3. Cruciferous vegetables: broccoli, cabbage, cauliflower, Brussels sprouts and especially kale are rich in an easily absorbed form of calcium and also vitamin C, (helps protect joints against free-radical damage created during inflammation, helps repair and build new cartilage in the joints);
  4. Leafy greens: rich in vitamin K (helps bind calcium to the bone matrix and thus reduce the elimination of calcium in the urine); high in calcium and folic acid; they create an alkaline environment in the body, making it an unsuitable for fungus and cancer cells to multiply, helping with problems of stomach acidity, and preventing extraction of calcium from the bones (protecting from osteoporosis);
  5. Flaxseed oil, hemp seed oil, chia seeds: rich in omega-3 essential fatty acids, making them anti-inflammatory (also have been shown to be beneficial in the prevention and treatment of arthritis);
  6. Turmeric: can stop the enzyme that produces inflammation and inhibits the break-down of cortisone in the body, making it a superb anti-inflammatory (decreases the symptoms of arthritis and prevents further damage to the cartilage in the joints); highly valued in Ayurvedic medicine;
  7. Ginger: anti-inflammatory (inhibits the enzymes that promote inflammation and helps make white blood cells more stable so they release fewer inflammation mediators);
  8. Citrus fruits: oranges, grapefruit, lemons, limes, mandarins have an alkalizing effect on the body, so that it doesn’t need to take calcium from the bones to buffer acidity; rich in vitamin C;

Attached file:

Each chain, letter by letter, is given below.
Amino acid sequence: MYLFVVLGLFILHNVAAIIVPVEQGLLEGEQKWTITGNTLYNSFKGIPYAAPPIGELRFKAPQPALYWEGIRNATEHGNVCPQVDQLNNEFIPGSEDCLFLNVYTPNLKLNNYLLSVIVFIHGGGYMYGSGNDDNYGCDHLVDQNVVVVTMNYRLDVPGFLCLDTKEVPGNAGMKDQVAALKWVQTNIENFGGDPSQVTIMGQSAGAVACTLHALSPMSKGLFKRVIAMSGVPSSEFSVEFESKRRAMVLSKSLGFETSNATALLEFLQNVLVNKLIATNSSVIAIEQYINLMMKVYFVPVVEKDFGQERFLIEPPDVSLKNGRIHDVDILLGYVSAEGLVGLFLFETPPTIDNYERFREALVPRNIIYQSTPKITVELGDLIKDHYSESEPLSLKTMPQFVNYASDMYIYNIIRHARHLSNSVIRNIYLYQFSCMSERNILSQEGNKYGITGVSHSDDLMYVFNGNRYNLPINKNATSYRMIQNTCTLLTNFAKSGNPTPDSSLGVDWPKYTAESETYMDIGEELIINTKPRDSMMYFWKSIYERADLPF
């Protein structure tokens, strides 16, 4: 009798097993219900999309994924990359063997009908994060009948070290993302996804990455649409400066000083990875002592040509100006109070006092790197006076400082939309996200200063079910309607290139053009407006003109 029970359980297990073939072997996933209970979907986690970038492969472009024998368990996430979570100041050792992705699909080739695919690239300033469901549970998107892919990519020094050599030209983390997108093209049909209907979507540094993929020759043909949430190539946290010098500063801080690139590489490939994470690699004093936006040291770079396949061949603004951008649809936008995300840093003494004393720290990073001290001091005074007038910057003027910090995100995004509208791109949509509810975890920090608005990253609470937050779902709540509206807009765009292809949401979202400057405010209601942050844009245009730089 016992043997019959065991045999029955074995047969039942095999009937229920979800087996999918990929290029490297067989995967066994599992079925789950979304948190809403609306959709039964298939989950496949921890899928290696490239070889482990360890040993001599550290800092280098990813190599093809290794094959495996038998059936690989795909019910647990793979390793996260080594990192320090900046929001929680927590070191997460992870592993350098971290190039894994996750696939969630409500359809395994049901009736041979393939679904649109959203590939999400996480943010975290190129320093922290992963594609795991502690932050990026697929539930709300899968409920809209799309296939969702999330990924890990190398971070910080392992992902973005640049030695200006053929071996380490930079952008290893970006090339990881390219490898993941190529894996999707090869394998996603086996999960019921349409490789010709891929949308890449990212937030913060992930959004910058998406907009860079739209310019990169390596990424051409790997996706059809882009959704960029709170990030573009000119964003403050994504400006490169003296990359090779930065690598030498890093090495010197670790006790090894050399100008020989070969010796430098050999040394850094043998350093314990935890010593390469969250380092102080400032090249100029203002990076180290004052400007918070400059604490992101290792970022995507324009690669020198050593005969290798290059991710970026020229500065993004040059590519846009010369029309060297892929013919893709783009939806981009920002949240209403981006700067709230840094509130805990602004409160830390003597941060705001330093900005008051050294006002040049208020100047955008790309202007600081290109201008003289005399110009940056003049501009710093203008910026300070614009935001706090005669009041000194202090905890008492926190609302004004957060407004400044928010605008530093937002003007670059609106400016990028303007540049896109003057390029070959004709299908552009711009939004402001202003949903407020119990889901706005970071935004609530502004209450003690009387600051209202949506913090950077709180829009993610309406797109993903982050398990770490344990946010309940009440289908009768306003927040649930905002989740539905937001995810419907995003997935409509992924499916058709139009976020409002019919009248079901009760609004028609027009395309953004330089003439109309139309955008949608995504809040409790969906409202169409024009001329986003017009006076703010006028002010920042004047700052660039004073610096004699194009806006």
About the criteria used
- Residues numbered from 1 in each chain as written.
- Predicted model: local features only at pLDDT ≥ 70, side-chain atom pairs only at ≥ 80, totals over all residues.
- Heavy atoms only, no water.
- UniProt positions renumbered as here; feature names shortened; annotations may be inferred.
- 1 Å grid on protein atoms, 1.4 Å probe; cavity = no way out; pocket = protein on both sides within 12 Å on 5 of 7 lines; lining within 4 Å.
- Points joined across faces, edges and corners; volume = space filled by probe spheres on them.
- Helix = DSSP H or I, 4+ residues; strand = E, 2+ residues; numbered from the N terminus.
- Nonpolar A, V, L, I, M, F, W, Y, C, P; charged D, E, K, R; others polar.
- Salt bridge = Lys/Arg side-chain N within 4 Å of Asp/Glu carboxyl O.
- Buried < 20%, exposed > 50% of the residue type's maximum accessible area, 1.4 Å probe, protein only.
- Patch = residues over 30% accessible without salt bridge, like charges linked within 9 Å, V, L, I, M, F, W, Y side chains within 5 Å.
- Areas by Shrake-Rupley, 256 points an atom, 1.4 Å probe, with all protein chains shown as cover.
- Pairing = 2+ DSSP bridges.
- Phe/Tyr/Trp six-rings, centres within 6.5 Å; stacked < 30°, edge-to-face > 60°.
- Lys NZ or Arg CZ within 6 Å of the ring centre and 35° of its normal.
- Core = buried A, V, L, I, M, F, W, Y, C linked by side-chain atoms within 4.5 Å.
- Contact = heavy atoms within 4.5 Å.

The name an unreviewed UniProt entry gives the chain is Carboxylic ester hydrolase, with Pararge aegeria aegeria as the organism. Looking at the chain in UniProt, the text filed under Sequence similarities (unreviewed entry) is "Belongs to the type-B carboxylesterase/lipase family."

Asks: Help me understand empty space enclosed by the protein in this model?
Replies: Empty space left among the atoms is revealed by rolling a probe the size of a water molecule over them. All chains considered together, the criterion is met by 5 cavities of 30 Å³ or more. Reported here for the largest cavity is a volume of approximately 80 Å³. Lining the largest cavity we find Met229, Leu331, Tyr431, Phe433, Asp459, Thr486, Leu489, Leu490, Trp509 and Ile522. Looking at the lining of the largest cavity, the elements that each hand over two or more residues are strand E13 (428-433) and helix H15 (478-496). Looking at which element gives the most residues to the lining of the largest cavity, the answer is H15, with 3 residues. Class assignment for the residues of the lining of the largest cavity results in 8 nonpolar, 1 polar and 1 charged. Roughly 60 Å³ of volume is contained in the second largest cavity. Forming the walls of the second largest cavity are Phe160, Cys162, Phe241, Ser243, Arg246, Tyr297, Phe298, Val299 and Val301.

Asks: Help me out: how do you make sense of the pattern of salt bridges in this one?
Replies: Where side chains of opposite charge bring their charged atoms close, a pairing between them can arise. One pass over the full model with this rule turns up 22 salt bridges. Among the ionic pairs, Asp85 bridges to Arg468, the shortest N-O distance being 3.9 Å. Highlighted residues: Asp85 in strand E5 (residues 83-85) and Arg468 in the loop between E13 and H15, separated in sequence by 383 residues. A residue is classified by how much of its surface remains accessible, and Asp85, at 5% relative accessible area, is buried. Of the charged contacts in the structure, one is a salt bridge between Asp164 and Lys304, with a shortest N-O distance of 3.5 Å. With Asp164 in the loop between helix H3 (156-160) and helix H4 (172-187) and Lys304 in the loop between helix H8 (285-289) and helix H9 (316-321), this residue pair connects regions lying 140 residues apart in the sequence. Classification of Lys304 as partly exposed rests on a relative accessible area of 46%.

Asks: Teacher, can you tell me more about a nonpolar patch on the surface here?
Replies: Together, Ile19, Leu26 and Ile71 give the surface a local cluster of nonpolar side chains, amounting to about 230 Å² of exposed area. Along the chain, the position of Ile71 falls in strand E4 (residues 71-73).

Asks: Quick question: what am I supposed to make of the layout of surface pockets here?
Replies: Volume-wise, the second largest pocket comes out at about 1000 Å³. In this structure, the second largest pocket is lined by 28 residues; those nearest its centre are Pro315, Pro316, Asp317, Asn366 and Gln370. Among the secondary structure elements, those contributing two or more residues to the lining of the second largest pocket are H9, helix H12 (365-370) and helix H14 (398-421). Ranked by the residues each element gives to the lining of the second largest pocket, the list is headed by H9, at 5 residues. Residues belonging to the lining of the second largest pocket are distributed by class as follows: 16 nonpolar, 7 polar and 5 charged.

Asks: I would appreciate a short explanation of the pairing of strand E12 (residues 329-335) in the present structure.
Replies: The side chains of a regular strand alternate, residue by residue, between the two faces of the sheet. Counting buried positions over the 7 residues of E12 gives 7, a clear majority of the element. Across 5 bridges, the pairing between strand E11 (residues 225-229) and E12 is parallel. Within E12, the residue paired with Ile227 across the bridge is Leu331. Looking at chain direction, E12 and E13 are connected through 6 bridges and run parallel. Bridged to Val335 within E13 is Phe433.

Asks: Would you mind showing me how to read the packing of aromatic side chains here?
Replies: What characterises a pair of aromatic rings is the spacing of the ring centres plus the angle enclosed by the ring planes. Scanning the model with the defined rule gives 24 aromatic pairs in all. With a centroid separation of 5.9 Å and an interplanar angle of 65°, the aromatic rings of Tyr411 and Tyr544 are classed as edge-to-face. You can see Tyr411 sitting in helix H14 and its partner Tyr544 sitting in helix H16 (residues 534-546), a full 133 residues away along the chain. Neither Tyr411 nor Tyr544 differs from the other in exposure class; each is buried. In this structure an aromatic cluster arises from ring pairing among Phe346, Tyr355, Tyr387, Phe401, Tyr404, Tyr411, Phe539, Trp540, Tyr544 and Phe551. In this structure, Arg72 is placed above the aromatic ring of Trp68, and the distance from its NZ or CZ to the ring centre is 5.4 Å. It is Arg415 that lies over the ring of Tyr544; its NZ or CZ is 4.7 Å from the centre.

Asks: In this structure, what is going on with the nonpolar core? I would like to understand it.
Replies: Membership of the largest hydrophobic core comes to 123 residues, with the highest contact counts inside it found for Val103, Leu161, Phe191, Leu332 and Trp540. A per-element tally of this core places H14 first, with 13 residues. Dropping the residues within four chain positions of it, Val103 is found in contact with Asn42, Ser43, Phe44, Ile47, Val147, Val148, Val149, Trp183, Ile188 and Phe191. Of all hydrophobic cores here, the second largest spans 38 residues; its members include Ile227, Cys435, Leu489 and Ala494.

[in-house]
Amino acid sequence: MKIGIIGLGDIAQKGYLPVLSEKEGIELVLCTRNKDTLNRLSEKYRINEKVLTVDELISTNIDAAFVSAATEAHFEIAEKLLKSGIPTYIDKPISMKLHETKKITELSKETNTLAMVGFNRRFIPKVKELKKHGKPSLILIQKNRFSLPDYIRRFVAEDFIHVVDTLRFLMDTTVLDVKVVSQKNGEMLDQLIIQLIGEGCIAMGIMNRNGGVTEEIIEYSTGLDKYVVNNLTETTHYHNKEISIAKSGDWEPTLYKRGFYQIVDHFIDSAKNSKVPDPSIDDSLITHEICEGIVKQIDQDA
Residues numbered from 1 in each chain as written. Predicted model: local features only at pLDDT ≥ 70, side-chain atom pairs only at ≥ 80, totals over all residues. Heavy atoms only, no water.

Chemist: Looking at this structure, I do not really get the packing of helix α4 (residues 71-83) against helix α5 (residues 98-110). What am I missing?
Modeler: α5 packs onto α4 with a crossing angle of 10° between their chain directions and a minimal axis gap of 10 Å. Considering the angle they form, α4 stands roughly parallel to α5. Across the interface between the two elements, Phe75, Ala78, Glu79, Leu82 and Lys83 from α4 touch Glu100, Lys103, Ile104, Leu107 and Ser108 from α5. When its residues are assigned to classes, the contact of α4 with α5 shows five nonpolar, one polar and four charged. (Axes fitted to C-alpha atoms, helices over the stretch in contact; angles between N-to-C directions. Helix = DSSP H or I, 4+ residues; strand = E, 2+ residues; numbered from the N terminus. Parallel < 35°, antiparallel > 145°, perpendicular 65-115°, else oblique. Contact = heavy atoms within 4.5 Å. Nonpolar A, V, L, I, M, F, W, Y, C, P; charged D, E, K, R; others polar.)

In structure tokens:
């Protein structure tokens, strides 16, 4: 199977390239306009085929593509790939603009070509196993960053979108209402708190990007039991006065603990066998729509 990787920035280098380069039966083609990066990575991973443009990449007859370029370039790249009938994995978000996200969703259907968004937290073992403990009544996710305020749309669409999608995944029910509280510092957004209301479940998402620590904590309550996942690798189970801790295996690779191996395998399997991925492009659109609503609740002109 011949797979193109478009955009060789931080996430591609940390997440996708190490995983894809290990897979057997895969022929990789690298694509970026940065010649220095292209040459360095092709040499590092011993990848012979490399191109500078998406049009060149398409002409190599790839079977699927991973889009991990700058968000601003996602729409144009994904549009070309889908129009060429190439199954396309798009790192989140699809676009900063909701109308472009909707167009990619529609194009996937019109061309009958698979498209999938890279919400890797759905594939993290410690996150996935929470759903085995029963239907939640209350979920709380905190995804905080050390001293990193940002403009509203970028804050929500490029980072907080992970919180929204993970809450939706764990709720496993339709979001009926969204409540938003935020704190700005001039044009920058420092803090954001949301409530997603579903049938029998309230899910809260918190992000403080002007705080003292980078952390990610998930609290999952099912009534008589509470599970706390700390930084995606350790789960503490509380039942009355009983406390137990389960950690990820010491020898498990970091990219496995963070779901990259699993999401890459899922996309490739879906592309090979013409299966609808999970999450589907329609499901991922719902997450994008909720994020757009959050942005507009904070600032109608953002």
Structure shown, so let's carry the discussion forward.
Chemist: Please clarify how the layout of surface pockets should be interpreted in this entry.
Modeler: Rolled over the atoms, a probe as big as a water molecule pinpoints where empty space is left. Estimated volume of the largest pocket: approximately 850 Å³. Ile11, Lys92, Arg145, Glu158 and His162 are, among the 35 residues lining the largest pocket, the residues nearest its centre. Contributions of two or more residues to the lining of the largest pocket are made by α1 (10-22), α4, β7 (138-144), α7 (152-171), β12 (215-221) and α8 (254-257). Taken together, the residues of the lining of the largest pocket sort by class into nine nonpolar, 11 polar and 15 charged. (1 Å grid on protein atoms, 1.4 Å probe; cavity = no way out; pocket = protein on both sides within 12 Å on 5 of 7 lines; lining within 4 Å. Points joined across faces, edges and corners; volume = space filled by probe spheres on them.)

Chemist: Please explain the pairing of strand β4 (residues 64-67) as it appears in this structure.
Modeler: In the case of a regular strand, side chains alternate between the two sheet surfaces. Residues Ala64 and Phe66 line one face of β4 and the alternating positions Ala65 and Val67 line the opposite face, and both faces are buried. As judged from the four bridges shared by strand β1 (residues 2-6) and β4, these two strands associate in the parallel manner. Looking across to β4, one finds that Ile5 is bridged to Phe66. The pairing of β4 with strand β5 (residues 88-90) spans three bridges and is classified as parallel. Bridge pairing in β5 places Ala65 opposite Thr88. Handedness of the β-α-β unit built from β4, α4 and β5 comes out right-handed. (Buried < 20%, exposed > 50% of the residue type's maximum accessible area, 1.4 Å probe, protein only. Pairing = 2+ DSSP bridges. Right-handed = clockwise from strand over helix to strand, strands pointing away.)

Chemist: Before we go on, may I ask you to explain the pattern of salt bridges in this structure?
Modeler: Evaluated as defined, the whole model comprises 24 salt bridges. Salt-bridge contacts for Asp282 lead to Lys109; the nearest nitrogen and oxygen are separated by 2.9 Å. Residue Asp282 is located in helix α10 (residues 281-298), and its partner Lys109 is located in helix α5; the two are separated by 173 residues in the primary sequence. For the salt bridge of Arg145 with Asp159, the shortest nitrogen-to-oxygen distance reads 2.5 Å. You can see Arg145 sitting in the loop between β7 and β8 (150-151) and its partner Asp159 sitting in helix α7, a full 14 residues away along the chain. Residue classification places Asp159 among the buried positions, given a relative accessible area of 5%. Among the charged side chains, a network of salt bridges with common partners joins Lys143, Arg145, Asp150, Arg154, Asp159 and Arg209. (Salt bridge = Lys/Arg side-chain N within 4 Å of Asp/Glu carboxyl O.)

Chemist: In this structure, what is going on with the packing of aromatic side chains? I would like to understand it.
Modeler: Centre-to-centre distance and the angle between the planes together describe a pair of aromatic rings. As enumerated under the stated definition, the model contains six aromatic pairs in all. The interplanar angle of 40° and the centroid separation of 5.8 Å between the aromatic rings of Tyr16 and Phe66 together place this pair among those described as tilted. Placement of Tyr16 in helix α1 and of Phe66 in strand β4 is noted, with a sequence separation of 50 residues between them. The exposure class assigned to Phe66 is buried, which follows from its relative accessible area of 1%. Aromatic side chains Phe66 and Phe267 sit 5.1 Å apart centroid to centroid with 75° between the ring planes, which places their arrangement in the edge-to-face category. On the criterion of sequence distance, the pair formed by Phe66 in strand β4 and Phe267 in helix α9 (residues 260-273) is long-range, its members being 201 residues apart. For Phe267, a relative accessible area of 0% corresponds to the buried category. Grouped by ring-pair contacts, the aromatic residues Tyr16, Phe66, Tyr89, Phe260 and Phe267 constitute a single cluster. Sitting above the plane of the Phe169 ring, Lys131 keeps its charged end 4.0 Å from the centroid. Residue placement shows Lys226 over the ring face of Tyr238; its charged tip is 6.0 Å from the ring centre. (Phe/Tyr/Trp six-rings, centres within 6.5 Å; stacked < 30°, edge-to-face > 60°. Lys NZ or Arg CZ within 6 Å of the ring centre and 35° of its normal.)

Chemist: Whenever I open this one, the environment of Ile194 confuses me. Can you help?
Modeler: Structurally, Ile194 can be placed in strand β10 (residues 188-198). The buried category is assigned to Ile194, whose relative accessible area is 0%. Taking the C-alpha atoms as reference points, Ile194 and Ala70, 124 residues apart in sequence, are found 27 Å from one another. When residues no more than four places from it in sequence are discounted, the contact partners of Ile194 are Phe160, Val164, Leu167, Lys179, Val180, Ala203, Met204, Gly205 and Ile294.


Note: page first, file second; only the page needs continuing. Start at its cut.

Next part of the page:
9. Sunlight: ultraviolet light from the sun converts 7-dehydrocholesterol in the skin into vitamin D3, which is further converted into more active forms in the liver and kidneys; it stimulates the absorption of calcium from food in the digestive tract and kidneys;
  10. Nuts and seeds: rich in magnesium (look at 1. for its benefits).
  • Nervous System Health:
  1. Flax, hemp and chia seeds and oil: rich in omega-3 essential fatty acids, which regulate mood, emotion and prevent depression;
  2. Whole grains: rich in B vitamins, essential for a proper functioning of the nervous system, since they manufacture neurotransmitters and help the proper use of fuel by the brain; they also help control levels of blood-sugar and so maintain stable moods and energy levels;
  3. Spirulina or blue-green algae: rich in protein, vitamins, minerals, essential fatty acids and contains small amounts of vitamin B12 (helps increase oxygen in the brain and the speed of nerve impulses);
  4. Oats: rich in B vitamins and fiber, they help relax the nervous system, prevent exhaustion caused by anxiety and depression and can also help with symptoms of drug withdrawal (especially when quitting smoking);
  5. Brewer’s yeast: high in B vitamins (healthy nervous system), and chromium, essential for blood-sugar regulation;